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Let $f:\mathbb Z^3\to\mathbb Z^4$ be the group homomorphism given by $$f(a,b,c)=(a+b+c,a+3b+c,a+b+5c,4a+8b).$$ Let $H$ be the image of $f$. Find an element of infinite order in $\mathbb Z^4 /H$ and find the order of the torsion subgroup of that quotient.

This problem certainly has to do with presentation matrices, but I'm too confused. Let $A$ denote the matrix with rows $(1,1,1),(1,3,1),(1,1,5),(4,8,0)$. Then $A\mathbb Z^3=H$. So $A$ must be a presentation matrix for $\mathbb Z^4/H$ according to the definition from here (or from here, both of them agree with Artin's definition). So in the quotient module the relations $$v_1+v_2+v_3=0,\\v_1+3v_2+v_3=0,\\v_1+v_2+5v_3=0,\\ 4v_1+8v_2=0$$ hold. But then according to Artin's text, the matrix should be $3\times 4$, not $4\times 3$ (see Example 14.5.2 in this question). So what is the size of a presentation matrix in this case? My size doesn't agree with Artin's notation, even though I use his definitions and conventions.

Example 14.5.2 The $\mathbb{Z}-$module or an abelian group $V$ that is generated by three elements $v_1, v_2, v_3$ with the compete set of relations

$$ 3v_1+2v_2+v_3=0\\ 8v_1+4v_2+2v_3=0\\ 7v_1+6v_2+2v_3=0\\ 9v_1+6v_2+v_3=0 $$

is presented by the matrix

$$ A=\begin{bmatrix} 3 & 8 & 7 & 9 \\ 2 & 4 & 6 & 6 \\ 1 & 2 & 2 & 1 \\ \end{bmatrix}. $$

Its columns are the coefficients of the (above) relations: $(v_1, v_2, v_3)A=(0, 0, 0, 0)$.

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  • $\begingroup$ What are $v_1, v_2, v_3$? $\endgroup$ – k.stm Aug 3 '18 at 21:22
  • $\begingroup$ They are generators of $\mathbb Z^4/H$. $\endgroup$ – user437309 Aug 3 '18 at 21:23
  • $\begingroup$ Yeah, I'm not sure why Artin is using the transpose there (assuming everything has been transcribed correctly). A matrix describing a linear map $R^3\to R^4$ for a commutative ring $R$ is a $4\times 3$ matrix. $\endgroup$ – jgon Aug 3 '18 at 21:25
  • $\begingroup$ That being said, the shape of the matrix is convention, and doesn't really affect the underlying mathematics. $\endgroup$ – jgon Aug 3 '18 at 21:26
  • $\begingroup$ It doesn't affect the underlying mathematics, but the fact that following Artin's conventions doesn't give me an answer in his convention may mean that I misunderstand the underlying mathematics. $\endgroup$ – user437309 Aug 3 '18 at 21:33
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As I mentioned in the comments, conventionally, the shape of the matrix ought to be $4\times 3$ as you've worked out. So we have $$A=\newcommand\bmat{\begin{pmatrix}}\newcommand\emat{\end{pmatrix}}\bmat 1 & 1 & 1 \\ 1 & 3 & 1 \\ 1 & 1 & 5 \\ 4 & 8 & 0 \emat.$$

Now row operations are isomorphisms of $\Bbb{Z}^3$, so we can freely row reduce this matrix and preserve the image of $A\Bbb{Z}^3$ as a subset of $\newcommand\ZZ{\Bbb{Z}}\ZZ^4$. I.e. applying row operations to a matrix $A$ that presents $\ZZ^4/A\ZZ^3$ to get a matrix $A'$ means that $A'$ also presents $\ZZ^4/A\ZZ^3$.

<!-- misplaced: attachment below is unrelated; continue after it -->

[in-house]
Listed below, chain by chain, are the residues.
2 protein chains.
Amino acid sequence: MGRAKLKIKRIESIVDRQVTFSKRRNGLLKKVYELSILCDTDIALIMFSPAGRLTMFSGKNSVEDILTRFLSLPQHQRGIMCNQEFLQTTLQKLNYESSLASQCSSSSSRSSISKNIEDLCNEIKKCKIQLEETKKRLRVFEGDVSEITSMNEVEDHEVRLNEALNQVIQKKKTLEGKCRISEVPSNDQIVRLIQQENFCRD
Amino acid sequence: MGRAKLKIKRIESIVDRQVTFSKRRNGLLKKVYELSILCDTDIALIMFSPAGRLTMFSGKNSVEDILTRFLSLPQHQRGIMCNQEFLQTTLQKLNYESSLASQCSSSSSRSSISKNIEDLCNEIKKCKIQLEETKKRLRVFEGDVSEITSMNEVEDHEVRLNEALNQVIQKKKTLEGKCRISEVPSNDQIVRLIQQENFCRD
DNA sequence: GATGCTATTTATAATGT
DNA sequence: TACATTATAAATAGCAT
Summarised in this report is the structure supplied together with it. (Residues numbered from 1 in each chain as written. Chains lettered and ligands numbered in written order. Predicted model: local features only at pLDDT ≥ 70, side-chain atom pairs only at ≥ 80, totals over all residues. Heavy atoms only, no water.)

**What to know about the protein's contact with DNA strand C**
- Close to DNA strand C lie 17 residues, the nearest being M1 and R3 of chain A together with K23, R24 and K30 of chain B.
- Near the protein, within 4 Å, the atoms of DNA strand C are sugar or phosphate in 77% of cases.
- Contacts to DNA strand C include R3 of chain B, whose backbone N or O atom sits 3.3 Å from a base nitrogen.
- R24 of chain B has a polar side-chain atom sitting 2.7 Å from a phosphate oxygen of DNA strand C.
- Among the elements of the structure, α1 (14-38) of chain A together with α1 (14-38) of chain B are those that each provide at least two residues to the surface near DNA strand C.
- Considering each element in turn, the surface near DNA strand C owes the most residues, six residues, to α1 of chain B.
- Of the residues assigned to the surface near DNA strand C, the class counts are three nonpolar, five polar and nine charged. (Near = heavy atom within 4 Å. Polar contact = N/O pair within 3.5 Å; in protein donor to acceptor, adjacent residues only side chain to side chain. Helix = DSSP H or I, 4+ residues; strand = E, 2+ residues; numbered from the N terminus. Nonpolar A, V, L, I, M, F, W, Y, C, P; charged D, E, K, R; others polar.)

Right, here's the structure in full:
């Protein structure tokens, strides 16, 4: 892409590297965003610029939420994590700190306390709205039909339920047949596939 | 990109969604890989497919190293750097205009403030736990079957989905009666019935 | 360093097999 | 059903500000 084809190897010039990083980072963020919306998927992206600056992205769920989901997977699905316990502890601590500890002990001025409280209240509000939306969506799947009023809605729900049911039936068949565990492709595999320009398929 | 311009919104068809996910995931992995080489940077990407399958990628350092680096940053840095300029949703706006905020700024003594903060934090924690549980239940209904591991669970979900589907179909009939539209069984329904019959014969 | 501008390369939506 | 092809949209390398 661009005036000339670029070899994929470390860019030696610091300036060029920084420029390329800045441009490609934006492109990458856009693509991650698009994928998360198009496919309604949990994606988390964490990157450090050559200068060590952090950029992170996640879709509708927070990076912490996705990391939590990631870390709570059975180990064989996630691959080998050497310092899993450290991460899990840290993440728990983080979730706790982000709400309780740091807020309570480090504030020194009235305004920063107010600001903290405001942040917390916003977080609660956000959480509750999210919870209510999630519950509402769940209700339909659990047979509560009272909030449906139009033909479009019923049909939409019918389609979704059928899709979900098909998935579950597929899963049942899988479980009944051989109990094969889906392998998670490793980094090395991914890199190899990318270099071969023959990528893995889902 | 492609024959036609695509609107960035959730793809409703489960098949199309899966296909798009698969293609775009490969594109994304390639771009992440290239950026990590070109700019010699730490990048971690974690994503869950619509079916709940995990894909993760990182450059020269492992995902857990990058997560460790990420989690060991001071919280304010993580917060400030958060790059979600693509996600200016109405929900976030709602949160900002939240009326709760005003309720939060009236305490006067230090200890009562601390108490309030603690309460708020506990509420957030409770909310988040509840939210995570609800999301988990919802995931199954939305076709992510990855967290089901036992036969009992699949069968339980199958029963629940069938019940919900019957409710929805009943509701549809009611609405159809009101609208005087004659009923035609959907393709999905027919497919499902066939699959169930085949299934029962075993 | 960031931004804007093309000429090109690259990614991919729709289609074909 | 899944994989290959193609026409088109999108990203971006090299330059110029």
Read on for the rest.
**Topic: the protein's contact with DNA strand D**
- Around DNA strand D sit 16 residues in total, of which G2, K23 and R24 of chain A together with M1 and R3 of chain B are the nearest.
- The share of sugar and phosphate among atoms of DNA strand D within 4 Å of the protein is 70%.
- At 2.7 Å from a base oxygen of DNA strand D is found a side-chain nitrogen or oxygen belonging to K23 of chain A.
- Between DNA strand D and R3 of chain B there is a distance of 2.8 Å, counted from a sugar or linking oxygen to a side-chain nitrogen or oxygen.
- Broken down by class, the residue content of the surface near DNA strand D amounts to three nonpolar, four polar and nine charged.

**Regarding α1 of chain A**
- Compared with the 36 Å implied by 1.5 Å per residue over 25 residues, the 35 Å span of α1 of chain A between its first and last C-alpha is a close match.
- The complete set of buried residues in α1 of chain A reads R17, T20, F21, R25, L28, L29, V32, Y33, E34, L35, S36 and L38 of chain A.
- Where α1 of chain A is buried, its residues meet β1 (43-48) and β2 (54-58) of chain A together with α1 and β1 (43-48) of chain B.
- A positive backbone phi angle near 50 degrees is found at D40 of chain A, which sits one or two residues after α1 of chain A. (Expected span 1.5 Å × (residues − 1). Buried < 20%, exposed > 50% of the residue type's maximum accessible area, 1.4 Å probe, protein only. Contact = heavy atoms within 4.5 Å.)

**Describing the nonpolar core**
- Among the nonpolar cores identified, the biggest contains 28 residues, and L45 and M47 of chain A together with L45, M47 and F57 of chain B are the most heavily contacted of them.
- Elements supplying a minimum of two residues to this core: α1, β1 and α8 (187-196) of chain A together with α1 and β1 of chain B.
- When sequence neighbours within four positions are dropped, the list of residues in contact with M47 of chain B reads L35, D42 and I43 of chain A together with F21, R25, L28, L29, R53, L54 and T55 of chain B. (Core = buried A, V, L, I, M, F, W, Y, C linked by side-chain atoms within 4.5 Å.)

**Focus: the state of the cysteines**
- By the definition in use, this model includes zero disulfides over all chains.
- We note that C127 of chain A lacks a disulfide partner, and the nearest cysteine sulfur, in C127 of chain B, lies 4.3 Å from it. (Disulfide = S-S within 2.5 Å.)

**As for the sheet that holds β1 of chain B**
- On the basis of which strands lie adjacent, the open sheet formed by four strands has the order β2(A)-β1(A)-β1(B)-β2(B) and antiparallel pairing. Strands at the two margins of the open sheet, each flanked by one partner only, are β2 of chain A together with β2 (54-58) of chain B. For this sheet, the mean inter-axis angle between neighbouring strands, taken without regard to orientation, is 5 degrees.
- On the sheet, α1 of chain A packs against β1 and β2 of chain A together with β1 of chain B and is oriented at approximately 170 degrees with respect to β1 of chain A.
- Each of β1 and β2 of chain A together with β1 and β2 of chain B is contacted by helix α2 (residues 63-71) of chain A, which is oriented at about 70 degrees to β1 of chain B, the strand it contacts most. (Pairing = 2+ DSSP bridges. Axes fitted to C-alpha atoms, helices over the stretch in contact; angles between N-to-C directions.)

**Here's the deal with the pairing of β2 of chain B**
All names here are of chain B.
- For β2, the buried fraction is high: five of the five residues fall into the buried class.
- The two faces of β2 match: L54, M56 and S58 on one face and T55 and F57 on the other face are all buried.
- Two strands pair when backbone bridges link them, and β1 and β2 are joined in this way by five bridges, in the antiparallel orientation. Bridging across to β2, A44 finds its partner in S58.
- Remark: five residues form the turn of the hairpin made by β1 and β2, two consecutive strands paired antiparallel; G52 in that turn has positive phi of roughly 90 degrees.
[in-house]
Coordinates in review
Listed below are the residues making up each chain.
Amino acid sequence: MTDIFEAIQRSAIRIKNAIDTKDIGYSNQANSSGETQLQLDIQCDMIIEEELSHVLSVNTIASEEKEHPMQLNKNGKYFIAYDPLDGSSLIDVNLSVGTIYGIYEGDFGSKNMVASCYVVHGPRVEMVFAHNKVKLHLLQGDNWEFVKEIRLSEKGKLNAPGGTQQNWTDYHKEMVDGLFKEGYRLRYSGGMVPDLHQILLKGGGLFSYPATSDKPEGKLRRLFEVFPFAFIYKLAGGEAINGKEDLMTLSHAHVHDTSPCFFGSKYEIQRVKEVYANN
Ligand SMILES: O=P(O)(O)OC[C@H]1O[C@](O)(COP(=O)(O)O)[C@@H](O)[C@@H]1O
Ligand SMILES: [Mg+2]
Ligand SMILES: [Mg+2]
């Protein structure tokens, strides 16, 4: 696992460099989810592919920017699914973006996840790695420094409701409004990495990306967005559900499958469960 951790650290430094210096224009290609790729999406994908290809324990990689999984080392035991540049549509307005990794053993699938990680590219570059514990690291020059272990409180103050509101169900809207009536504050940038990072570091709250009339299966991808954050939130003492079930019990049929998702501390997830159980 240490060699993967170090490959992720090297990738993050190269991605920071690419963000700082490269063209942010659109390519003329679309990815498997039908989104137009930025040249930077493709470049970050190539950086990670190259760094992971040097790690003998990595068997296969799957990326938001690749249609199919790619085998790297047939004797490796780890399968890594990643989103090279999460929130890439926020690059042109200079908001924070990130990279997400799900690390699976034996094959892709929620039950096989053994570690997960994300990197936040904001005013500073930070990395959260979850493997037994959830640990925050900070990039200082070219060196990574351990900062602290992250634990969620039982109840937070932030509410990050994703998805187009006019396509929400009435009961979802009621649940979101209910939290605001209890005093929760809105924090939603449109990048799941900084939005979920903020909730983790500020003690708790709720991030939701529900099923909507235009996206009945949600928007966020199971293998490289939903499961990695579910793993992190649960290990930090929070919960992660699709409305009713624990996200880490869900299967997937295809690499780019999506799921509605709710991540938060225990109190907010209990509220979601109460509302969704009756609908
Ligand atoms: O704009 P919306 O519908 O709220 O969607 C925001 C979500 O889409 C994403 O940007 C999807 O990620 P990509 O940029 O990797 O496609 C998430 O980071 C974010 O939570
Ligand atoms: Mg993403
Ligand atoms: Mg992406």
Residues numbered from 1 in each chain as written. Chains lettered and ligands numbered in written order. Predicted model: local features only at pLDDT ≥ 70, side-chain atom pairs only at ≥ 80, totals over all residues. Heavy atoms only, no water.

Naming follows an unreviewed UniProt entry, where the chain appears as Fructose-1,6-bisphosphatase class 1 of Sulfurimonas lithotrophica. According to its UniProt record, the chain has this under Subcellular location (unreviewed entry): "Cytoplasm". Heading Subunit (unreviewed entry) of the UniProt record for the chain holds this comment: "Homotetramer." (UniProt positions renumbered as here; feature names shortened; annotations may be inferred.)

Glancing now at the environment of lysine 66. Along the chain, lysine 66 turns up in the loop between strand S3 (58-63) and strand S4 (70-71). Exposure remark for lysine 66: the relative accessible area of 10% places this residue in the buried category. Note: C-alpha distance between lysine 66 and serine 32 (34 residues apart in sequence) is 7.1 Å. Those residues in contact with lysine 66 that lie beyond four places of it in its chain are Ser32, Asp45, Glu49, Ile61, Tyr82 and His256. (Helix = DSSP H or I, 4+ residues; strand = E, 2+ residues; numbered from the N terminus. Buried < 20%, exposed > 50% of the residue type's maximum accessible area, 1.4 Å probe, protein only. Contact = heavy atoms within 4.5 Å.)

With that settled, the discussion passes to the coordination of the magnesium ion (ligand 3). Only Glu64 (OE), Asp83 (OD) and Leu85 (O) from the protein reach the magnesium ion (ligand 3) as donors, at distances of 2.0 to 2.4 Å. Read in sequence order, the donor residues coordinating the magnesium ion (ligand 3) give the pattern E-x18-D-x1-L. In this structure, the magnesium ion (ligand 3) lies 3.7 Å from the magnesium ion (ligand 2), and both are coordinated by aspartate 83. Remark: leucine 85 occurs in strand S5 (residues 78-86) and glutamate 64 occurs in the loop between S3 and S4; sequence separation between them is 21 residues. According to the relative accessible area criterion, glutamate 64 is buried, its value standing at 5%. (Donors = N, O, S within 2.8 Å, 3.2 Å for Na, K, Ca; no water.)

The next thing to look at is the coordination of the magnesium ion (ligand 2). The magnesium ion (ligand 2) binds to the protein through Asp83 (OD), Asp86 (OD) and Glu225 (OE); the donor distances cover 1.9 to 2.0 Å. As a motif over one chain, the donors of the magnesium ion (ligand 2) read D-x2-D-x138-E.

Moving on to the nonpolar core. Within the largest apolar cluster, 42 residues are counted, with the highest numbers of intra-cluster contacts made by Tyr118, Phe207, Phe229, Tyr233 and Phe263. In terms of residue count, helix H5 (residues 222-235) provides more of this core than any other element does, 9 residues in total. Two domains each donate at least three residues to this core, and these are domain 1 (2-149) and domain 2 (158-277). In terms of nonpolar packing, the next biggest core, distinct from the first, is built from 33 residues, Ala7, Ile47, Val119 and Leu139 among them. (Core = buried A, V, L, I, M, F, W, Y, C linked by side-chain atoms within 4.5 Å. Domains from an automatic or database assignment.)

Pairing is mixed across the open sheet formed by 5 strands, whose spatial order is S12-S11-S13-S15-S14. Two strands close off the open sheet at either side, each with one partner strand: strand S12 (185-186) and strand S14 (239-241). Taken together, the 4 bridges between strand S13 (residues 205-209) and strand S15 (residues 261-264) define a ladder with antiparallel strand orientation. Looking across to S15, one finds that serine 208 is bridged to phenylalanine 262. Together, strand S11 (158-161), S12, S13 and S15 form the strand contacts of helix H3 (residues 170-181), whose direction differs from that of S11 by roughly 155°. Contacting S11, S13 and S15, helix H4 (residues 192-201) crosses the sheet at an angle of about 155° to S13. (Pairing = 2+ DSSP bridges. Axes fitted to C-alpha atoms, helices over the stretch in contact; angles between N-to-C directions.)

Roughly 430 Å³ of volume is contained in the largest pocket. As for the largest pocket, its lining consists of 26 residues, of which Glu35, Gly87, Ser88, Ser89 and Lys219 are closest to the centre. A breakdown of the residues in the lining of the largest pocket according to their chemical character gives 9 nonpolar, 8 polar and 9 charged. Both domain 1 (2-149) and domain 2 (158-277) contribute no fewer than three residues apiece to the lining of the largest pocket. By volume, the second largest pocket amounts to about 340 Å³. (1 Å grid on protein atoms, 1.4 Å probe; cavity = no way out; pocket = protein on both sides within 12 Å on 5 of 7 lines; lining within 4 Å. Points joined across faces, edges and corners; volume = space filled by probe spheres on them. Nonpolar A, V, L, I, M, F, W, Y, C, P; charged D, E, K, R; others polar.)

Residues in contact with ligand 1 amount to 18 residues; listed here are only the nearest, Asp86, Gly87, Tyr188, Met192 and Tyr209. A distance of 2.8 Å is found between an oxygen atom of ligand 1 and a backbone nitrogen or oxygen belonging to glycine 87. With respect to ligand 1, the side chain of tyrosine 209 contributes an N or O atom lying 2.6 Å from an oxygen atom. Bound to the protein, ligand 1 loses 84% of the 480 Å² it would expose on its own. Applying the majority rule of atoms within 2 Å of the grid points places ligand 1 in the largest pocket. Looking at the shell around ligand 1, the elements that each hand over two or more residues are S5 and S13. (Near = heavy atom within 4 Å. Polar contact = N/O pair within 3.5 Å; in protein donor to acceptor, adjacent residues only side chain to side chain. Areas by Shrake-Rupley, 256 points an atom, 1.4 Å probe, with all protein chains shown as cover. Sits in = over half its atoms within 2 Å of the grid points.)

Subtracting the first row from the others to make the other entries of the first column zero, we have $$A'=\bmat 1 & 1 & 1 \\ 0 & 2 & 0 \\ 0 & 0 & 4 \\ 0 & 4 & -4 \emat.$$ Then subtracting twice the second row and adding the third row to the fourth row, we get $$A''=\bmat 1 & 1 & 1 \\ 0 & 2 & 0 \\ 0 & 0 & 4 \\ 0 & 0 & 0 \emat.$$ Thus $$v_4=\bmat 0 \\ 0 \\ 0 \\ 1 \emat$$ is never in the image of $A$, even over $\Bbb{Q}$, hence $v_4$ has infinite order in the cokernel.

Finally, if we don't care about the coordinates on $\ZZ^4$, column operations on $A''$ correspond to applying automorphisms of $\ZZ^4$, and hence preserve the isomorphism class of $\ZZ^4/A''\ZZ^3$. However, if we subtract the first column from the second and third, we get $$A''' = \bmat 1 & 0 & 0 \\ 0 & 2 & 0 \\ 0 & 0 & 4 \\ 0 & 0 & 0 \emat.$$

Then since $A'''$ is diagonal, $\ZZ^4/A'''\ZZ^3$ splits as a direct sum, $$\ZZ/\ZZ \oplus \ZZ/2\ZZ \oplus \ZZ/4\ZZ\oplus \ZZ/(0),$$ so the torsion subgroup of $\ZZ^4/A\ZZ^3$ has size 8.

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  • $\begingroup$ How does the fact that $v_4$ is not in the image of $A$ imply that it has infinite order in the cokernel? $\endgroup$ – user437309 Aug 5 '18 at 16:03
  • $\begingroup$ @user437309 the important thing is that it isn't in the $\Bbb{Q}$ image of $A$, since if it had finite order, then for some $n$, $nv_4$ would be in the $\ZZ$ image of A, but then $v_4$ would be in the $\Bbb{Q}$ image. $\endgroup$ – jgon Aug 5 '18 at 16:10
  • $\begingroup$ What is the $\mathbb Q$-image of $A$? Also I don't understand why if it had finite order, then $nv_4$ would be in the $\mathbb Z$-image. (By $\mathbb Z$ image I just understand the set of all vectors gotten by multiplication of $A$ by all vectors of an appropriate size.) $\endgroup$ – user437309 Aug 5 '18 at 18:14
  • $\begingroup$ $A$ is a $4\times 3$ matrix with entries in $\ZZ$. Therefore it represents a map from $\ZZ^3\to\ZZ^4$. However, $\ZZ\subseteq \Bbb{Q}$. Therefore $A$ is also a $4\times 3$ matrix with entries in $\newcommand\QQ{\Bbb{Q}}\QQ$. Hence it also represents a linear map $\QQ^3\to\QQ^4$. Then if $v$ is in $\ZZ^4 \setminus A\QQ^3$, then if $nv\in A\ZZ^3$, we would have that $nv = Aw$ for some $w\in\ZZ^3$, or $v=A(\frac{1}{n}w)$, contradicting that $v$ is not in the image of $\QQ^3$ under $A$. $\endgroup$ – jgon Aug 7 '18 at 17:07

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